By Jon H. Harsch
© Copyright Agri-Pulse Communications, Inc.
WASHINGTON, Jan. 26 – President Obama's State of the Union address Tuesday included his promise to “replace No Child Left Behind with a law that is more flexible and focused on what’s best for our kids.” As spelled out last year in the administration's Blueprint for Reform: The Reauthorization of the Elementary and Secondary Education Act (ESEA), Obama said that “we know what’s possible for our children when reform isn’t just a top-down mandate, but the work of local teachers and principals; school boards and communities.”
Secretary of Education Arne Duncan filled in the details Wednesday in two press conferences which highlighted bipartisan support for a thorough overhaul of the last ESEA revision, the No Child Left Behind Act (NCLB) enacted by the last Bush administration. Senators Tom Harkin, D-Iowa, Mike Enzi, R-Wyo., and Lamar Alexander, R-Tenn., joined Duncan to support the administration's plan to replace NCLB's one-size-fits-all federal mandates with a far more flexible approach.
The proposed new flexibility specifically aims at helping the 80% of the U.S. which has just 20% of the school population – rural America. According to the administration's Blueprint, under the new approach “We will provide districts flexibility for designing interventions in schools that are not meeting their performance targets, giving rural communities the ability to decide what works best for their schools. The proposal eliminates federal mandates to provide supplemental educational services and public school choice – interventions that are difficult for many rural communities to provide.”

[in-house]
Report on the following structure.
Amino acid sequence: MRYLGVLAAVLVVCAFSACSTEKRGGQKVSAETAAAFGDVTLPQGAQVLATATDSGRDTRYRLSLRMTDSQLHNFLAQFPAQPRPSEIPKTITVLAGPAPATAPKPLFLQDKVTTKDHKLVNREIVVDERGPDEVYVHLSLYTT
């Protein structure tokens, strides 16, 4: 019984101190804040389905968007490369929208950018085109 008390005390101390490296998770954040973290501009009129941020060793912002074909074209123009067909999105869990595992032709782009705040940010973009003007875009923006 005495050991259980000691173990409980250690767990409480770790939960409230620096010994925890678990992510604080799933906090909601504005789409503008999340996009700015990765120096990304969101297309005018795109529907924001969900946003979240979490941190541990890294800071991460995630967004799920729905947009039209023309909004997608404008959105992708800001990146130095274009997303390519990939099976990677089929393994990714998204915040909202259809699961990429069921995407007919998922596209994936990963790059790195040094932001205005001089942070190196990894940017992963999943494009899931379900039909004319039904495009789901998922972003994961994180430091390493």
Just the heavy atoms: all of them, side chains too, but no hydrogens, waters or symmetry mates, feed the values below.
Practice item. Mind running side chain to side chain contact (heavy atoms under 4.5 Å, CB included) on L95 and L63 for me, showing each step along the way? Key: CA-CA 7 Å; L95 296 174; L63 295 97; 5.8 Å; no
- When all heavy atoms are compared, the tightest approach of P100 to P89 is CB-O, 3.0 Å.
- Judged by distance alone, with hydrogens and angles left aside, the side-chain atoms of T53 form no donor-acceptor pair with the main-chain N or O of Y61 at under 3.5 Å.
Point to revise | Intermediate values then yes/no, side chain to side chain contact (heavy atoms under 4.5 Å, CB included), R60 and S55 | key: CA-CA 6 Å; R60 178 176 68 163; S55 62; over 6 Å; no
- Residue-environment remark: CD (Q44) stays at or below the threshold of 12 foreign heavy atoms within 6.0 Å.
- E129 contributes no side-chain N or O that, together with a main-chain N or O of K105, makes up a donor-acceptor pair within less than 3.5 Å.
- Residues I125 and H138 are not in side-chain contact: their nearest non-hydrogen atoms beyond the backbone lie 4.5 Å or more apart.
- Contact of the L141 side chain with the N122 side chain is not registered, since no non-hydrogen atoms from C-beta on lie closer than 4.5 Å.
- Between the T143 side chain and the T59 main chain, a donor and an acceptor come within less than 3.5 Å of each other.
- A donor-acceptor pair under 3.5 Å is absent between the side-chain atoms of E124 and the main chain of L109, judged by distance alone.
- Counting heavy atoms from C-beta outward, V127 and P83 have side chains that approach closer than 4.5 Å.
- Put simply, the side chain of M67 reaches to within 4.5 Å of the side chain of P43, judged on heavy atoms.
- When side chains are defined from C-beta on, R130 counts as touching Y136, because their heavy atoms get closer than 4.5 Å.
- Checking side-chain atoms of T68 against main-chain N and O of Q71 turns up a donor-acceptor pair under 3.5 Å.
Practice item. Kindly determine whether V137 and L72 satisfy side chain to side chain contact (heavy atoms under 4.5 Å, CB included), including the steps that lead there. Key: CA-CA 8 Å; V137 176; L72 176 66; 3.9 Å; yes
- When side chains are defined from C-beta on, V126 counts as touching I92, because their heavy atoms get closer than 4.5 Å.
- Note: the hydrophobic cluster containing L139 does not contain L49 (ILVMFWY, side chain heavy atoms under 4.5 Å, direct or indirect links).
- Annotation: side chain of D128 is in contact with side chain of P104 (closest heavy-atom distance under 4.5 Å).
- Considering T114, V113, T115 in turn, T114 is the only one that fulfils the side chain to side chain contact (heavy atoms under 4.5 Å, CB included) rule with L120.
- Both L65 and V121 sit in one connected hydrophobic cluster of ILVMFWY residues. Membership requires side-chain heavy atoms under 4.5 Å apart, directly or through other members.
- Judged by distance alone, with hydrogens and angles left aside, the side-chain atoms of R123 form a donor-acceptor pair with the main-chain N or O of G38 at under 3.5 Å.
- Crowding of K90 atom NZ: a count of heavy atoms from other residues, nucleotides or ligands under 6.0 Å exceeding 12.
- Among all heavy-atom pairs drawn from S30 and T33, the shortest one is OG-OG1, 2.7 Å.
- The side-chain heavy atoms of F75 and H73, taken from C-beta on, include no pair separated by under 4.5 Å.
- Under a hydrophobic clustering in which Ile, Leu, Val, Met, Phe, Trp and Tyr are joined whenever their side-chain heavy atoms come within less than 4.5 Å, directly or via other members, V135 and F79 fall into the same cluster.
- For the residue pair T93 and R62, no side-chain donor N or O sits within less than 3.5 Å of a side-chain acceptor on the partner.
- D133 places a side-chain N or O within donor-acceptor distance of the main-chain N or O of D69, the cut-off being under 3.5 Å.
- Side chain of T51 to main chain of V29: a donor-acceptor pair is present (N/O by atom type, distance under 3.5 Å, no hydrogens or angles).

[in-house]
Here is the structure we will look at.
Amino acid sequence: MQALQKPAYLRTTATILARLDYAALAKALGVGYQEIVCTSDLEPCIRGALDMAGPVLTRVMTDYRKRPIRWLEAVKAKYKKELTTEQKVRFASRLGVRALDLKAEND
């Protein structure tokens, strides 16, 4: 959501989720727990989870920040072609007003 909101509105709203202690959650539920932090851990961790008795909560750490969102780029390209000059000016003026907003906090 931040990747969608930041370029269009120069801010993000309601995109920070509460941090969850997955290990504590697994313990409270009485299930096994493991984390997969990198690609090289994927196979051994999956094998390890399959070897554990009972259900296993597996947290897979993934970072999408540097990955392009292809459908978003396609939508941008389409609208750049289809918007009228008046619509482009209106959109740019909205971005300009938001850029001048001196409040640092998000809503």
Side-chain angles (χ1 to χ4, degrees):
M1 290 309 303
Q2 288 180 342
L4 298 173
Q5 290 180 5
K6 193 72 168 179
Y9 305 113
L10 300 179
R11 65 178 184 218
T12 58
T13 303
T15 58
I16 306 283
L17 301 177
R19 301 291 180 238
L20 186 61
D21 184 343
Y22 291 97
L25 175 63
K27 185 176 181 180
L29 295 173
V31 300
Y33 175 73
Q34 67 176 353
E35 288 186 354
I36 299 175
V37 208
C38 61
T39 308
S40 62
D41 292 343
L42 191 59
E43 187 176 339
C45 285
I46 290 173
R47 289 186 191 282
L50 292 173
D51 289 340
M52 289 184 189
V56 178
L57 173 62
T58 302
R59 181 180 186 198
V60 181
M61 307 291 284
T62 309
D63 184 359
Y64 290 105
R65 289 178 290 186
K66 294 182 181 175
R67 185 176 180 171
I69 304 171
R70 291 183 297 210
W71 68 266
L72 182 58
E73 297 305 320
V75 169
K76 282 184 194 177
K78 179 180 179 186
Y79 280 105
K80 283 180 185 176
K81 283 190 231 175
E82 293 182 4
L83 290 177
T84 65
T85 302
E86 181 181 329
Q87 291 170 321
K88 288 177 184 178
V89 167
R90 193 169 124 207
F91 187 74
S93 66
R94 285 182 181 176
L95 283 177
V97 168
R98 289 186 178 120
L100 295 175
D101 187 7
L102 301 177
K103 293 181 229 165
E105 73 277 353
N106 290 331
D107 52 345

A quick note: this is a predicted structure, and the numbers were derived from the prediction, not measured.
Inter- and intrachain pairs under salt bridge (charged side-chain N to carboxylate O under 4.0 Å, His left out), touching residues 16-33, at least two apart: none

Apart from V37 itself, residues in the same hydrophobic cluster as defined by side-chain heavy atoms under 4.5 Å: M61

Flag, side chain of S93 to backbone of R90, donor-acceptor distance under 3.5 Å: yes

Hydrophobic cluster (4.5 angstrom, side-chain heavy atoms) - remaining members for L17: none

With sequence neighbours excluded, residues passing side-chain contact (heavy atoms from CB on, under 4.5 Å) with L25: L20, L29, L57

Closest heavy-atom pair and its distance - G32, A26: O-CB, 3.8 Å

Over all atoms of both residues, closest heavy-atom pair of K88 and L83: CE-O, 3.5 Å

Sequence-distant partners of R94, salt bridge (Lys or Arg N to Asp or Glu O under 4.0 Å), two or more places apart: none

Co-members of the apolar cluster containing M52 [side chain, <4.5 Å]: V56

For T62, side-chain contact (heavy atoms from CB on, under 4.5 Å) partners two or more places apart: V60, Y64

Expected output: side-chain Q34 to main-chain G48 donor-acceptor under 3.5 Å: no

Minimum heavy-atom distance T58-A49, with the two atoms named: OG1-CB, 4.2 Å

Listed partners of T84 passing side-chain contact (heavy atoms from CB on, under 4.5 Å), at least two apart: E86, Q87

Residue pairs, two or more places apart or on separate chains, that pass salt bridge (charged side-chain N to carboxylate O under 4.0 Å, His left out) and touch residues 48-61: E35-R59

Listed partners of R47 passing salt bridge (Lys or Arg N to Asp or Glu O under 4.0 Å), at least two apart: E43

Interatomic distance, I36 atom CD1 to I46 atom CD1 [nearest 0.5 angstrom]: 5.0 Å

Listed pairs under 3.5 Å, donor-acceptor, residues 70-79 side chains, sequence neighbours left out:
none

Duncan explained the plan also calls for recognizing that teachers in rural schools often may teach multiple subjects. He said under the new proposal, rather than being penalized for being “not highly qualified” in a specific subject, these multi-talented teachers would be praised for being “highly effective” overall. He said another rural-focused proposal is to overcome the trend of teachers serving a short time in rural areas before moving away by training rural residents to become teachers in their own communities.
Duncan pointed to one more change ahead for rural schools: far more use of broadband connections to connect rural students with more options such as a range of AP and college courses and to give excellent teachers the ability to reach students even in remote areas. He said the Department of Agriculture helped this effort significantly on Monday when it provided an additional $34.7 million for distance learning programs in 38 states.
Alexander, a former education secretary himself, said he favors the administration's new approach, commenting that he supports national standards “but I don’t think the federal government should set them.” Harkin, chair of the Senate Health, Education, Labor, and Pensions Committee, said that by drawing on the committee's 10 education bill hearings held last year, he plans to mark up a comprehensive reauthorization bill this spring, for Senate floor consideration this summer. He indicated the bill might use a new name, replacing “No Child Left Behind” with perhaps “Every Child Counts.” Duncan said he hopes to have a range of reforms designed to help rural schools in place for the beginning of the new school year this fall.
Secretary Duncan concluded by saying he knows as a long-time educator himself that the best ideas “are always going to come from the local level.” He said what NCLB got wrong was that “It was very loose on goals, but very tight, very prescriptive on how you get there.” In contrast, he said “We want to be tight on goals, a high bar, for every single child, with college equivalent standards, we've seen great local leadership there. We want to be much looser on how you get there.” And at a time when Congress threatens to slash federal spending, he said that to make the administration's proposed changes, “For us to fix NCLB, that honestly doesn't cost a dime.”
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